In the 2nd half of 2016, when reviewing research papers on marketing applications of social media at a US university, I raised the need for validity checks on social media accounts.

The researchers were using test populations, semi-randomly selected within certain interest groups among Facebook accounts (by brokers).

I noted that persons could have multiple accounts, could easily give false information about themselves (for different reasons, incl. with criminal intent), and that the social media have very limited tools to verify the fidelity of the accounts (in other words, they are overselling the value of their accounts for e.g. commercial use). For example, I could easily create a 2nd account calling myself Napoleon or presenting myself as a member of an (not well known) Hells Angels branch.

Note:     the recent revelation of Senator Mitt Romney’s secret Twitter account "Pierre Delecto" is just a, relatively innocent, demonstration of this.

The discussion following resulted in two things:

  • The agreement that the research papers would
    • include a disclaimer stating the limited possibilities for validity checks on social media accounts
    • use of populations, where suitable, selected from an environment where social control of the members would likely add a level of validity checks (e.g. selecting accounts of persons belonging to a group with likely enough social contacts)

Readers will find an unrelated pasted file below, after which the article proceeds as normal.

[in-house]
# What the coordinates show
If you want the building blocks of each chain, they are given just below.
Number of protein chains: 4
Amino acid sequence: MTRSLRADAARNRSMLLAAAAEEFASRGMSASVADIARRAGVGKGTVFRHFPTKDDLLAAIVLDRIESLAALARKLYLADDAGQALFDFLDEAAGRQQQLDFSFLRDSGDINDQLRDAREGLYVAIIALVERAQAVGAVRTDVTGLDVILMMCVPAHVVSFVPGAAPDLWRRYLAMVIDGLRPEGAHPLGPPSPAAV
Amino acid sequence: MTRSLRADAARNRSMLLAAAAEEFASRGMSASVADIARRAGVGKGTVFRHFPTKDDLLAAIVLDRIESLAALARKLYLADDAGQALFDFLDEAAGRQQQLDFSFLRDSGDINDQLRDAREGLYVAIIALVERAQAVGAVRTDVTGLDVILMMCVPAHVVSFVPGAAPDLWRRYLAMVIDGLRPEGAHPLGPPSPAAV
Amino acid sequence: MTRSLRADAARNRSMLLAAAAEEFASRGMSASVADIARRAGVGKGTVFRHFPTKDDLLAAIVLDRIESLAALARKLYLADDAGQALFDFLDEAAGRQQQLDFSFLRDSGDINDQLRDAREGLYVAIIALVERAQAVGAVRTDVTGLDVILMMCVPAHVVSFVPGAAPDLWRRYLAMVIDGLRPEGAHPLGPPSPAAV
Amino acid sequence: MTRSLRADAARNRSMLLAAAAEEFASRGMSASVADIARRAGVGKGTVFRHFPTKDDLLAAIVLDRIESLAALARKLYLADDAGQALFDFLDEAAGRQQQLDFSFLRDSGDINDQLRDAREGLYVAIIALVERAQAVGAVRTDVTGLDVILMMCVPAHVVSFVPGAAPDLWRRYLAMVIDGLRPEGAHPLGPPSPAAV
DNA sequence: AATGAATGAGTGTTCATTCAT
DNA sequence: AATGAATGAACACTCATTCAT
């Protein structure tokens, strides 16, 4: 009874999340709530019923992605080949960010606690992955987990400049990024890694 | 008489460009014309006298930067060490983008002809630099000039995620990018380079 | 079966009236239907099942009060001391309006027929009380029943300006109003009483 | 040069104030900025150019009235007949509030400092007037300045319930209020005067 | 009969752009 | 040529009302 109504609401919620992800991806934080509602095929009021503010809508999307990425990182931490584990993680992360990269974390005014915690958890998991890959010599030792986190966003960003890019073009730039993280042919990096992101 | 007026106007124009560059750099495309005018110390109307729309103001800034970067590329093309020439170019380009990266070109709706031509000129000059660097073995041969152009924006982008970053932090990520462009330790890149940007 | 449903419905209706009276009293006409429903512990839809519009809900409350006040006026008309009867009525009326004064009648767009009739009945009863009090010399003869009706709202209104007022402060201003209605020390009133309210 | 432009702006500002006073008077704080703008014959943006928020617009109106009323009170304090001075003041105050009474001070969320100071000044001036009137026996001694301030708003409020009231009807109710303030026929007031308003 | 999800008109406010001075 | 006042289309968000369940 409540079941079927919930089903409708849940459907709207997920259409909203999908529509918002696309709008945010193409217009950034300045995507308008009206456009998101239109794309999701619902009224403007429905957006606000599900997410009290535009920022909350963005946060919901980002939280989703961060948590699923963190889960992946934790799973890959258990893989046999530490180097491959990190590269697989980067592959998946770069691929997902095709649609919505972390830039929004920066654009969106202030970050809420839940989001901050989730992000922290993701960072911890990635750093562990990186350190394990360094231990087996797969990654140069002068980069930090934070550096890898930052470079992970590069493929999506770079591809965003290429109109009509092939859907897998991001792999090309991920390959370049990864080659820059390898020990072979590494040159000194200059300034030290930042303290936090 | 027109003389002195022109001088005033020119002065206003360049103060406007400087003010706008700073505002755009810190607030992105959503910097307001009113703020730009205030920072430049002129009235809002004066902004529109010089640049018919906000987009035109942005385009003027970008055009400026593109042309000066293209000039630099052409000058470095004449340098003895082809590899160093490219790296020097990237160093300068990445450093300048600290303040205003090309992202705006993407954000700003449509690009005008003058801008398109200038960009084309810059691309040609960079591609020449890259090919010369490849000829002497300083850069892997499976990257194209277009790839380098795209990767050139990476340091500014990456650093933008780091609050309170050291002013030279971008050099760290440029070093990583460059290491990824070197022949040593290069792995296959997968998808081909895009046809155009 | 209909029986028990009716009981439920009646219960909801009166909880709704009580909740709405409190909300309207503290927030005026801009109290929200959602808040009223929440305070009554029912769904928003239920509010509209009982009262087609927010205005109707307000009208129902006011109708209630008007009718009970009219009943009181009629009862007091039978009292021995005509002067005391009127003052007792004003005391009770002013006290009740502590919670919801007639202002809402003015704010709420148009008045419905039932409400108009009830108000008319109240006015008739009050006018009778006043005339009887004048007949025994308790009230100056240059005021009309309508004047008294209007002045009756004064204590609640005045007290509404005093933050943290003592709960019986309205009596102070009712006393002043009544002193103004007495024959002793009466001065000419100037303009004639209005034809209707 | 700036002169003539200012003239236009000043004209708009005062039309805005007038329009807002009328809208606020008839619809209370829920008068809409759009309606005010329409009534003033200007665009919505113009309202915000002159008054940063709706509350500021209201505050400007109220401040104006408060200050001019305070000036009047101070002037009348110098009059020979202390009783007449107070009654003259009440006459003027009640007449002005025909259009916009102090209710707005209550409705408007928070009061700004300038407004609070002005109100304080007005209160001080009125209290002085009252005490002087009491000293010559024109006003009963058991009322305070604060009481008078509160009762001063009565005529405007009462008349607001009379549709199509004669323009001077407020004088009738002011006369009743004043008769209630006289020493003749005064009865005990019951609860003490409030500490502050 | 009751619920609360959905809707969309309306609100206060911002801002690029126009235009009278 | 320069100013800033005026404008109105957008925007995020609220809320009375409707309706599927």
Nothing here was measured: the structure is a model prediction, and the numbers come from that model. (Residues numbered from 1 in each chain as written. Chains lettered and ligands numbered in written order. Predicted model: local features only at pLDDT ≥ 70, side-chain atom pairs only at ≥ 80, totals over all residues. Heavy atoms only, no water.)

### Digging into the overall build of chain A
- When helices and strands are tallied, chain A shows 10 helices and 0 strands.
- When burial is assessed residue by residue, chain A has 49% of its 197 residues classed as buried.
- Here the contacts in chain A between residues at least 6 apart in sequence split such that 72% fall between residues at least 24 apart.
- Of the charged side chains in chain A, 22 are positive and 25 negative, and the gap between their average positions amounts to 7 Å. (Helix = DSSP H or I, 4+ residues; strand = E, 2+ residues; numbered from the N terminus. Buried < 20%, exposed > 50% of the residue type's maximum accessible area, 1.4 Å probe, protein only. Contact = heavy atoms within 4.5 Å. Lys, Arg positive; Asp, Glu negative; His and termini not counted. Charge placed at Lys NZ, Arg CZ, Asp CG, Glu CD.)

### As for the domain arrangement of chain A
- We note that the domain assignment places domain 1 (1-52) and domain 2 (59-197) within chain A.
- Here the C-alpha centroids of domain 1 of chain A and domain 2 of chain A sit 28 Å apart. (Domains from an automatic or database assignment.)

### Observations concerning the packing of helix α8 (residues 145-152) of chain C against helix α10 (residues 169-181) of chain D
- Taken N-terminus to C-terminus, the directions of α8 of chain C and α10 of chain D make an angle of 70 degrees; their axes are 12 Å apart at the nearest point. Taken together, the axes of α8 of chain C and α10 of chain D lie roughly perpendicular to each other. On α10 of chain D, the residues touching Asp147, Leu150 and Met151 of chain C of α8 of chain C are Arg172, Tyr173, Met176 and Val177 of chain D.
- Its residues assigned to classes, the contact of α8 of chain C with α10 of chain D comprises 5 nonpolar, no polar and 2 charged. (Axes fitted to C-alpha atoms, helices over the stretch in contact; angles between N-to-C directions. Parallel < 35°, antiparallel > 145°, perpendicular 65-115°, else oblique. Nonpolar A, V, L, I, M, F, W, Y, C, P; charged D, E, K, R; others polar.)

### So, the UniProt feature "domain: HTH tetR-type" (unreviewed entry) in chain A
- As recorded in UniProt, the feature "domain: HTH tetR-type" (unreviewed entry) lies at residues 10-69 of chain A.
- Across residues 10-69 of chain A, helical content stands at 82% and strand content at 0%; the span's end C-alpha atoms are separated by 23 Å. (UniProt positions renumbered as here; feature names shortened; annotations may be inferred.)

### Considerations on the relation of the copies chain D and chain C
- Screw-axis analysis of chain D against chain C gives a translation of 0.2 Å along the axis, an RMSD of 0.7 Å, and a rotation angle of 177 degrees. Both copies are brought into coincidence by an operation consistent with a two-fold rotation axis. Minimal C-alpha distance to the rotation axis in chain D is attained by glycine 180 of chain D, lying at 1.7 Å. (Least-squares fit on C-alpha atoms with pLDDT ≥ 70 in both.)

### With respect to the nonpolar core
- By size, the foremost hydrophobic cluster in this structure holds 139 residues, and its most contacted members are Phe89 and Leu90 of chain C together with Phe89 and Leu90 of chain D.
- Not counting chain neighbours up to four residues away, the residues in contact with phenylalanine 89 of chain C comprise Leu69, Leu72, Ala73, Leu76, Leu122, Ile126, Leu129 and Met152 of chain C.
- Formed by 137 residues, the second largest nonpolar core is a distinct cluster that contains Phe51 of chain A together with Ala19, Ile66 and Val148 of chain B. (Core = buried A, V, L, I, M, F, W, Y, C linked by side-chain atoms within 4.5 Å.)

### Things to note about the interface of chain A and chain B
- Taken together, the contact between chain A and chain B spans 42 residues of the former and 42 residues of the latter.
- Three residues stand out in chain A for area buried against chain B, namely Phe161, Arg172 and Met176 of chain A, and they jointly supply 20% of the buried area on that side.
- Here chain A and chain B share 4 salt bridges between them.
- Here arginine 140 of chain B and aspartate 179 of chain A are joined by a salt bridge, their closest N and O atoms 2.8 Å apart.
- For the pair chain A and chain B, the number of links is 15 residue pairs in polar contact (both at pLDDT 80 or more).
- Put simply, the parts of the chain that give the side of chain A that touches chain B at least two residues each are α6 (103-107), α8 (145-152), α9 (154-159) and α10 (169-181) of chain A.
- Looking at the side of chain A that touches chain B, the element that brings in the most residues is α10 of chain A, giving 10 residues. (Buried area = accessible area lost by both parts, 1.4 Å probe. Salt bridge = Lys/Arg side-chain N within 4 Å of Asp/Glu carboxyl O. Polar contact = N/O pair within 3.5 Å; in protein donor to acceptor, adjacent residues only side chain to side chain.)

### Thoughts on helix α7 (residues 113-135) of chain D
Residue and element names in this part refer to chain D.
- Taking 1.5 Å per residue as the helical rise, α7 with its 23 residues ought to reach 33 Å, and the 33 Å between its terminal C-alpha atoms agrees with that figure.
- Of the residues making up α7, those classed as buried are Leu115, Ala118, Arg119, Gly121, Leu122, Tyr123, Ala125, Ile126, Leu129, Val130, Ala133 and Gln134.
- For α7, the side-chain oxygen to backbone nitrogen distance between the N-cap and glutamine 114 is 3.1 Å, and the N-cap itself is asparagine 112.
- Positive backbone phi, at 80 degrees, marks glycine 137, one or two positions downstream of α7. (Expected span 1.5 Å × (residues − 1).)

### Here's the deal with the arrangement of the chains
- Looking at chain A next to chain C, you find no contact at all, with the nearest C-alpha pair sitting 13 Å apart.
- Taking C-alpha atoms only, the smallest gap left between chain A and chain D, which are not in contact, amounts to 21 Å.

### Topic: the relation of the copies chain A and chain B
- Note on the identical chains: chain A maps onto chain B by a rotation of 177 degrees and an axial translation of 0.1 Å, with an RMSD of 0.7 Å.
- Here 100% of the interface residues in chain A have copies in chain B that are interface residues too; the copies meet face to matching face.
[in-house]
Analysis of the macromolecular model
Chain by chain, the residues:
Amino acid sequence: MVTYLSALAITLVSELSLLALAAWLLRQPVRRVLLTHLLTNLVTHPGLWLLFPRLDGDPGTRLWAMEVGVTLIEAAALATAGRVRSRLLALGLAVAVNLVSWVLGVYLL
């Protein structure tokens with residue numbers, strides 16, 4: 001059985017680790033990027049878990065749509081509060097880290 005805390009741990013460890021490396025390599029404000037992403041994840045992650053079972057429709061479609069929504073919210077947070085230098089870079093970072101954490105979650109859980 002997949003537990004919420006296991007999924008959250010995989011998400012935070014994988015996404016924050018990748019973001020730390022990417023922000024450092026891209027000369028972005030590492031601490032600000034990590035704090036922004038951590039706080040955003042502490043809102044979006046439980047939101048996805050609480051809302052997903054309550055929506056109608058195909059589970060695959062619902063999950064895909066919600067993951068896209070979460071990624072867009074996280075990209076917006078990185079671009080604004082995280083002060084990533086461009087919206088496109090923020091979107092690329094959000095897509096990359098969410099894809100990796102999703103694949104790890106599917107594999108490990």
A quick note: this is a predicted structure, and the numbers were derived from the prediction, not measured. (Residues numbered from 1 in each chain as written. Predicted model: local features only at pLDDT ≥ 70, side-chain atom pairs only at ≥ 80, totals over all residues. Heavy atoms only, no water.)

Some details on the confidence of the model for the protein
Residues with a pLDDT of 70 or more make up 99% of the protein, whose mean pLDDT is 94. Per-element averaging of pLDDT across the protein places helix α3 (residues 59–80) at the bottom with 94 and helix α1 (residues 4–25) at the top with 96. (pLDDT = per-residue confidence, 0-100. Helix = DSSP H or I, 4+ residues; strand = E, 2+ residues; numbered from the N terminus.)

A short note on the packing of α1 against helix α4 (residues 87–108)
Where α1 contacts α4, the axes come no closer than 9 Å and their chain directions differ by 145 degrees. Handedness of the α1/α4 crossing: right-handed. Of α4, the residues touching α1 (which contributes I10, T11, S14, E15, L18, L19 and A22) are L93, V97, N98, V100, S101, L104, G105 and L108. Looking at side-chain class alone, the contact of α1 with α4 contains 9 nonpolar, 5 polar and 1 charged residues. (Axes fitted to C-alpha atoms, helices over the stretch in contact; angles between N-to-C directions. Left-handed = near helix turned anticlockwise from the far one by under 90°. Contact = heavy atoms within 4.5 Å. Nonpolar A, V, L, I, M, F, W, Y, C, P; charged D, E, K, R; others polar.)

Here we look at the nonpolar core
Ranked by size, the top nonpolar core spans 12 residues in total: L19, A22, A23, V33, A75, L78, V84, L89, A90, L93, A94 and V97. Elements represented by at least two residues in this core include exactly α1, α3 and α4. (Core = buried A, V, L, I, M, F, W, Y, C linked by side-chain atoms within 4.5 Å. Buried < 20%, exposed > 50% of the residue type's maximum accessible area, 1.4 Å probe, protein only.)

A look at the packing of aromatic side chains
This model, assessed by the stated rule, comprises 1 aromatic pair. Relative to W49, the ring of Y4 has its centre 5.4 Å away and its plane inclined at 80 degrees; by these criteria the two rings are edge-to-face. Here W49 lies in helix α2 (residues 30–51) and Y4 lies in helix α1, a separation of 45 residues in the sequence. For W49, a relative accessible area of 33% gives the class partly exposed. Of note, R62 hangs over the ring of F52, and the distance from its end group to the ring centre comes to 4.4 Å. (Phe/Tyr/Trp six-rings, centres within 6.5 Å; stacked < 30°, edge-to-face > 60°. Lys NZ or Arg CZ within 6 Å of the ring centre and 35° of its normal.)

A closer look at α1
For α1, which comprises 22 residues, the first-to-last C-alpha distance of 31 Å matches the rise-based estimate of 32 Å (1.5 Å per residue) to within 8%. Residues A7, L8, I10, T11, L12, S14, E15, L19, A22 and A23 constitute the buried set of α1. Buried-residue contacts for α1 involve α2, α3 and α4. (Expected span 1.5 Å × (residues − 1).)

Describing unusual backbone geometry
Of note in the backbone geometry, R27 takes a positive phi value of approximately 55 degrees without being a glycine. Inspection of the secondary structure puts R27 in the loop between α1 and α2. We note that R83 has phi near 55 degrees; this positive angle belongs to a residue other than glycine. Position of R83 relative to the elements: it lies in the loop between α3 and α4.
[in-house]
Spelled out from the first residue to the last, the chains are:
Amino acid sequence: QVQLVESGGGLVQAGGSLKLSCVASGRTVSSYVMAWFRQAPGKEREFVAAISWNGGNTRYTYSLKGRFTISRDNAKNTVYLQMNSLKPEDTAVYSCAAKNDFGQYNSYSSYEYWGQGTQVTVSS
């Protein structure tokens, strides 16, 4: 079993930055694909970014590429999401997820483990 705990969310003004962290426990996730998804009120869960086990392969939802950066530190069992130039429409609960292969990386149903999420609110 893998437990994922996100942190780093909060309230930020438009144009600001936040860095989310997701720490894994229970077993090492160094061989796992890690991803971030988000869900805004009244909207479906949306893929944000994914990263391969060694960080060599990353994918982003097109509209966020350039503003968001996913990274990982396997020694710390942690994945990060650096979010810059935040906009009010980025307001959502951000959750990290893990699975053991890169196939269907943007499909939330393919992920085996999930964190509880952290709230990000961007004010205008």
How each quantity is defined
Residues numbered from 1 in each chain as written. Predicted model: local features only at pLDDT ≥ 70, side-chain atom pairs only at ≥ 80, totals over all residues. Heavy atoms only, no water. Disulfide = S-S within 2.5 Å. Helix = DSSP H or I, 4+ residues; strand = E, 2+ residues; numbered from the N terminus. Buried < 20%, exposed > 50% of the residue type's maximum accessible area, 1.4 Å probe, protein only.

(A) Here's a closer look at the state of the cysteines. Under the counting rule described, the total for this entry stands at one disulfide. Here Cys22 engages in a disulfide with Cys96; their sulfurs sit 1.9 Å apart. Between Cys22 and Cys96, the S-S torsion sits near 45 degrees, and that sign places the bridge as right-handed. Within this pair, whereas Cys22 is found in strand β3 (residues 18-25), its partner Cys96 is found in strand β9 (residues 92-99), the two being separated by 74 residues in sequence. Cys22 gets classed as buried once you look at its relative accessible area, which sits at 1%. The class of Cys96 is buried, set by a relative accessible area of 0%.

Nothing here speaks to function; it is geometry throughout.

• We started an effort to model the discrepancy between the visibility that a social network has on a person’s information and the actual information (this work is ongoing, now including sociological expertise)

About 2 months thereafter, the US elections took place, and the first rumours of the possible role of social media in the election result surfaced. Next, we found ourselves flooded by reactions from people that realized that in the process we had ‘uncovered the dangers’ before the election.

To set the record straight, we did not uncover something others had not seen. Instead, we simply proposed some measures for application in a limited domain - research papers on the marketing use of social media - and initiated work to model the modalities of visibility and validity checks.

Some of us had been worried about misinterpretation and misuse of social media, but we also did not realize the impact that this could have on an election in a country like the US.

Since, the role and possible misuse, abuse of and collaboration by social media have been increasingly important items for news and study; this includes the use of social media to selectively broadcast to large audiences, and in the process bypass legislation applied to broadcasters and press.

Contribution uses work by Lanting, Lokshina* and Thomas* (* SUNY Oneonta, NY)